Lack of patient trust can have negative consequences. As Brooks noted, poor trust can devolve into racial health disparities. It can also discourage access to care, medication adherence, or access to key preventive services like vaccinations.

As healthcare works to rebuild that trust and to close growing health disparities, it must put its current challenges into historical context.

By 1935, over 20,000 unwanted sterilizations had been performed in the United States. By the 1970s, that number would more than triple.
By 1935, over 20,000 unwanted sterilizations had been performed in the United States. By the 1970s, that number would more than triple.

The history of medical racism, abuse of Black and Brown bodies

To understand the historical roots of mistrust among Black and Brown communities, one must understand the historical roots of medical racism, according to Brooks.

“There's a very good reason that historically marginalized communities do not trust the medical system,” she said. “And it's because of this history.”

Dating back to 1619, when most historians agree the first enslaved Africans were forcibly brought to North America, people of color were not regarded the same as White people medically.

“If you look at Darwinism and even previous schools of thought, there were concepts that different races evolve from different species. And they really did use the medical society to rationalize the dehumanization of other populations,” Brooks explained.

That itself is a difficult scar to erase, Brooks explained, but the abuse of Black and Brown bodies that stemmed from those schools of thought exacerbated that damage.

Throughout slavery, White doctors used Black and Indigenous slaves for medical experimentation. Notably, the “father of gynecology” J. Marion Sims experimented on Black female slaves without anesthesia, which was not yet widely used. Sims rationalized the practice because the medical establishment at that time did not believe Black people felt pain the same way as White people.

That thought process would last throughout parts of the 20th century, when medical students would experiment on Black people because they did not believe they felt severe pain, Brooks said.

Even after emancipation, the way the medical industry regarded Black people was dangerous for their healthcare. After reconstruction, there was rampant illness among recently emancipated enslaved people, Brooks said.

“But it’s even further more interesting because they did start to move for public health to support the newly emancipated people, but there was also a theory that African Americans weren't really equipped to live in freedom, and that's why they were dying,” she explained.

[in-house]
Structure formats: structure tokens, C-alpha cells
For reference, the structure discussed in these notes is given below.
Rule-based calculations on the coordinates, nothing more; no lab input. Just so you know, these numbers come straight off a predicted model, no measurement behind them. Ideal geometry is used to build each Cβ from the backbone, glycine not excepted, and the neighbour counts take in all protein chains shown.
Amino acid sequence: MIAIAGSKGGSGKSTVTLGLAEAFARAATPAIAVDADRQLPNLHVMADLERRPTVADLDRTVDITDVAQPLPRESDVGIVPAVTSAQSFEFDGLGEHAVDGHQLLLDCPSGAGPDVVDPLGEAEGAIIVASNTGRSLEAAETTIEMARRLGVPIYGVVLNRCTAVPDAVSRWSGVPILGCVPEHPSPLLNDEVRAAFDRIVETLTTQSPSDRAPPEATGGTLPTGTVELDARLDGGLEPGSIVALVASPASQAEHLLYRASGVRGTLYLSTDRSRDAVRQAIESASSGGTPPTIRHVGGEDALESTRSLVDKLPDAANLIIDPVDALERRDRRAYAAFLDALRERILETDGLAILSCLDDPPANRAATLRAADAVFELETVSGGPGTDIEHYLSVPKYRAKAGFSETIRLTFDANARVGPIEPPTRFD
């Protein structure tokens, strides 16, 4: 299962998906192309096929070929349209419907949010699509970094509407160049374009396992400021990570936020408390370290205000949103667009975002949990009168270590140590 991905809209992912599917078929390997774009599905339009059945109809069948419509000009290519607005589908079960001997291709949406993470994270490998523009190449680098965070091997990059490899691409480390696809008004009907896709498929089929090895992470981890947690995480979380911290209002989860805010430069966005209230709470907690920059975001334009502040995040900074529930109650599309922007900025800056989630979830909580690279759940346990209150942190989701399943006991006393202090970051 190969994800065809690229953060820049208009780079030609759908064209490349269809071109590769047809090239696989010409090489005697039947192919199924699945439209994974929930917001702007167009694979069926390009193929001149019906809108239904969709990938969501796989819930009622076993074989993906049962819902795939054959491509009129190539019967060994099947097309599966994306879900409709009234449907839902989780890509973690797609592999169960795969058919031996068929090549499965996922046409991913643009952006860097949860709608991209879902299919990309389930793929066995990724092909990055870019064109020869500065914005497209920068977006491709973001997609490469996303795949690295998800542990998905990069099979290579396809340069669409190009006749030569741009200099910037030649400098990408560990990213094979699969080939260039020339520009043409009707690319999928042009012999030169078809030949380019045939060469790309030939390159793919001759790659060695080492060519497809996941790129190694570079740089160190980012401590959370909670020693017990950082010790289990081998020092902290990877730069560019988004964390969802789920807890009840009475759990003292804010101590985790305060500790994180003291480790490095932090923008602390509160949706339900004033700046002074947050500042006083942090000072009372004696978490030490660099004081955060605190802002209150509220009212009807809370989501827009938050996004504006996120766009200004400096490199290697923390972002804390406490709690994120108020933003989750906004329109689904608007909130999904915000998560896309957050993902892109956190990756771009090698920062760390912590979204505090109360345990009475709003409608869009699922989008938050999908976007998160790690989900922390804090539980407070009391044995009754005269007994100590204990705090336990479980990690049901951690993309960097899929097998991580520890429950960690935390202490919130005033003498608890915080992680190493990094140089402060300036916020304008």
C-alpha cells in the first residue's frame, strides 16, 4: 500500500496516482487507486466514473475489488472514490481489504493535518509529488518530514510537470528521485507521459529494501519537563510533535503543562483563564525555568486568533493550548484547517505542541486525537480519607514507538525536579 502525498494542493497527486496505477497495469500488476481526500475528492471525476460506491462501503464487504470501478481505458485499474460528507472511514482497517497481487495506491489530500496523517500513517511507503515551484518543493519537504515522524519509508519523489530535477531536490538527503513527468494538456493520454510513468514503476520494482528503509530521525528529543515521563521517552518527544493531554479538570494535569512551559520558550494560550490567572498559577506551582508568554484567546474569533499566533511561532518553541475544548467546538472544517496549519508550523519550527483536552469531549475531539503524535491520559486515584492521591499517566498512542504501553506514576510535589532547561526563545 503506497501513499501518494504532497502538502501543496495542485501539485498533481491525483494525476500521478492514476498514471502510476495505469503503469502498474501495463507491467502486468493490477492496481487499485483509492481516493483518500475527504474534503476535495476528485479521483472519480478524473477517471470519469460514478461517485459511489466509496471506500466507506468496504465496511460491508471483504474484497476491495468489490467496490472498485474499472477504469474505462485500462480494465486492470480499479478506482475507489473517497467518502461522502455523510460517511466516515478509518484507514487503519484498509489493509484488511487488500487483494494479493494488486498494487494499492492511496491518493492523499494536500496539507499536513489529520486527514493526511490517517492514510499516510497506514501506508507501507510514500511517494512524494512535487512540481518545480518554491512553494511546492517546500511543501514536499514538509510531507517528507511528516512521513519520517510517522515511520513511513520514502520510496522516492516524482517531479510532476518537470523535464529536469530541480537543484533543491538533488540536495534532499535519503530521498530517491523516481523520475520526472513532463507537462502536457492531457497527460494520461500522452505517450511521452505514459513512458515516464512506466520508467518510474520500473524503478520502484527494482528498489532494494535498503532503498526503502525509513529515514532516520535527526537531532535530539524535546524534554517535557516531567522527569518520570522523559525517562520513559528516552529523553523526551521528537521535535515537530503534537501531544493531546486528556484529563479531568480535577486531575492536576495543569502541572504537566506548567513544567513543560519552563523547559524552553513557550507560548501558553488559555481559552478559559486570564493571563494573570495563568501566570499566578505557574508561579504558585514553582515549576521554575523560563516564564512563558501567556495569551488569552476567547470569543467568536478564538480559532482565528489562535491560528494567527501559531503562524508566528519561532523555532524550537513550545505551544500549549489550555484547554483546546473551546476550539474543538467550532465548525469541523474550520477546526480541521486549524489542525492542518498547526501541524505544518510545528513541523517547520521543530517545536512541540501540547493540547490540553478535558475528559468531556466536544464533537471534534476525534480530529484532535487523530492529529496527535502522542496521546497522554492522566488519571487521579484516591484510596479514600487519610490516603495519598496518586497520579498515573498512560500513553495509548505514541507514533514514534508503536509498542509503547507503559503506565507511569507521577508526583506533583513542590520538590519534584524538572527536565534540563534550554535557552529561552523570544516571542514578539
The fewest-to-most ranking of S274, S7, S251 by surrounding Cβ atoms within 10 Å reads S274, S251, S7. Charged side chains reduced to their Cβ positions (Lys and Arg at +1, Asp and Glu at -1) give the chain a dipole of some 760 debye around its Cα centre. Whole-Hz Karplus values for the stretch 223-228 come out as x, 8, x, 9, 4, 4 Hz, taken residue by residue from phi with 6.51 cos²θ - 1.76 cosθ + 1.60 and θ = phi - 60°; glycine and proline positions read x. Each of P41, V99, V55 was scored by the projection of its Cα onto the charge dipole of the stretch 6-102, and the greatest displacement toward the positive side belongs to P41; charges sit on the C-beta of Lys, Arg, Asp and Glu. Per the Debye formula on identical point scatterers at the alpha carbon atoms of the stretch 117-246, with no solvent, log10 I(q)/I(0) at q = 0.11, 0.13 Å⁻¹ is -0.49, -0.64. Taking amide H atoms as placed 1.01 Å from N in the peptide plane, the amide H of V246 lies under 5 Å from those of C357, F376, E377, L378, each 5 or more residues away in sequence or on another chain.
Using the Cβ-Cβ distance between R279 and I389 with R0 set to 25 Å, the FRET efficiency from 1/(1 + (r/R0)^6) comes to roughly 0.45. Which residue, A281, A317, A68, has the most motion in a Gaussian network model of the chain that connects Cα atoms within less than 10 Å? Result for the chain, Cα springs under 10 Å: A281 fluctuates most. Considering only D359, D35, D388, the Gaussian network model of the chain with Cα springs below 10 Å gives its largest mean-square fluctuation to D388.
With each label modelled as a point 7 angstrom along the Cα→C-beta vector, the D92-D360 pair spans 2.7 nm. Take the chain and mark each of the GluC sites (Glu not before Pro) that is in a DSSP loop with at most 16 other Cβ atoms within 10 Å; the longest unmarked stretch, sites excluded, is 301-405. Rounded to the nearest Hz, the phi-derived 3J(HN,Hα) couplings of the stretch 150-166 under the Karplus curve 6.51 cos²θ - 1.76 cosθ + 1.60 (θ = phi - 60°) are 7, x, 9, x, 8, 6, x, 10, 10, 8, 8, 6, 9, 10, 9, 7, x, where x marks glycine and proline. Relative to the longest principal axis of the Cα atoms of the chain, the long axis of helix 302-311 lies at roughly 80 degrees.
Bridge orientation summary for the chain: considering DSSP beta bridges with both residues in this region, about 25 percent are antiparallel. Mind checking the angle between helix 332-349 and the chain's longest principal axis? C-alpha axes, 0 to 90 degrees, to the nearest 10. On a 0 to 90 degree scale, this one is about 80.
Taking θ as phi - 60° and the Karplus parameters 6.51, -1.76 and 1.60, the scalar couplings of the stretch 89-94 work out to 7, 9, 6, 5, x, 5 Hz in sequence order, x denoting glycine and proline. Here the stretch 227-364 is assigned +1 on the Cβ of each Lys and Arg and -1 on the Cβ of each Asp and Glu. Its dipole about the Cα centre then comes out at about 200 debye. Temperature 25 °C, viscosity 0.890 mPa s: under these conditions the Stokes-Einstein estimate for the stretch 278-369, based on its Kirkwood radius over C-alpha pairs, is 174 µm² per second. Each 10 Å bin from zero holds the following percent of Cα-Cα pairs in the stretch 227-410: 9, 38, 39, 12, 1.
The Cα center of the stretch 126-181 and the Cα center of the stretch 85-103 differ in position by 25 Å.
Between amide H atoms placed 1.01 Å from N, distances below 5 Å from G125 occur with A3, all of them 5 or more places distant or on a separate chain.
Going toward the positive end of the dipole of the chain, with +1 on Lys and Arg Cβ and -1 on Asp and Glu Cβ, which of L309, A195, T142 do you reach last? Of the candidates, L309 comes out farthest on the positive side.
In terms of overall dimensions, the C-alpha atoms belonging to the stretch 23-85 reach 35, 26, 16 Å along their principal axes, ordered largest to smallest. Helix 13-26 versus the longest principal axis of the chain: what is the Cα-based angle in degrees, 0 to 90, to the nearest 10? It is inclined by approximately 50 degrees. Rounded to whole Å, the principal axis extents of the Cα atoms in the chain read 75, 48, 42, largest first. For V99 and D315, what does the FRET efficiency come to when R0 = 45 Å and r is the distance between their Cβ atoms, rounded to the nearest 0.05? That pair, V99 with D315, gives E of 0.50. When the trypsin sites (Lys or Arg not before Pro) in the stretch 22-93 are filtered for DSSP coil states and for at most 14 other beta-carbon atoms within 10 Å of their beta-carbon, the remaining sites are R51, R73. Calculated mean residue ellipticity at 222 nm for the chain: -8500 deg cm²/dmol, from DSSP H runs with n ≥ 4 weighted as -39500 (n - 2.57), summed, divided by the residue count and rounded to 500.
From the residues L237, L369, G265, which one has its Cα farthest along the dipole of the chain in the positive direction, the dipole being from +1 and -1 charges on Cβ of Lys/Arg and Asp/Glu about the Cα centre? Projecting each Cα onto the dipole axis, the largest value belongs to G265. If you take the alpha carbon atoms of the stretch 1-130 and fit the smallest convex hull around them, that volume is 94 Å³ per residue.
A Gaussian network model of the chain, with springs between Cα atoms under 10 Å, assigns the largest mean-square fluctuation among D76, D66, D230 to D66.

These mindsets—that Black people did not feel pain the same way as White people, that they were genetically inferior, that they were “simple” or not fit for freedom—would lay the groundwork for centuries of abuse at the hands of medical professionals.

And while that abuse was felt regularly on a micro-scale, it culminated in two serious stains on the US health system: eugenics and the Tuskegee syphilis experiment. To be clear, these two events do not represent the full extent of serious medical racism. However, they do offer two glimpses into how structural racism has shaped medicine today.

Eugenics and unwanted sterilization

Eugenics is the idea that breeding for more “desirable” traits would make for a better human race. With roots in the late 19th Century Darwinism, the concept would result in a grotesque practice of unwanted or coerced sterilization among “undesirable” populations.

Performing unwanted sterilizations was the medical establishment’s effort to phase out certain “undesirable” characteristics. By performing a tubal ligation or unwanted hysterectomy on a woman—as well as performing sterilization procedures on men—clinicians believed they could stamp out “feeblemindedness,” “criminality,” or supposed sexual promiscuity.

“Eugenics was a commonly accepted means of protecting society from the offspring (and therefore equally suspect) of those individuals deemed inferior or dangerous – the poor, the disabled, the mentally ill, criminals, and people of color,” journalist Lisa Ko wrote in a landmark PBS article.

These claims often targeted traditionally marginalized communities, like Black people, immigrants, the poor, or the disabled.

This practice was codified in the law. By 1935, over 20,000 unwanted sterilizations had occurred, and numerous states had laws allowing them. The Supreme Court of the United States decision in Buck v. Bell allowed for state laws to crop up across the country, resulting in over 65,000 unwanted sterilizations happening into the 1970s.

The Tuskegee Syphilis Experiment

Infamously, the Tuskegee Syphilis experiment began in 1932 with the intent to “justify treatment programs for blacks,” according to the Centers for Disease Control & Prevention.

The experiment recruited 600 Black men, 399 of whom had syphilis, without informed consent from participants. Researchers told participants they would be treated for “bad blood,” which at that time could informally refer to syphilis, anemia, fatigue, or a number of other issues.

“In truth, they did not receive the proper treatment needed to cure their illness. In exchange for taking part in the study, the men received free medical exams, free meals, and burial insurance,” CDC said.

The study, originally slated to last six months but stretching over 40 years, was particularly egregious because study participants were not given a valid syphilis treatment, penicillin, once the drug was proven effective and approved for treating the illness.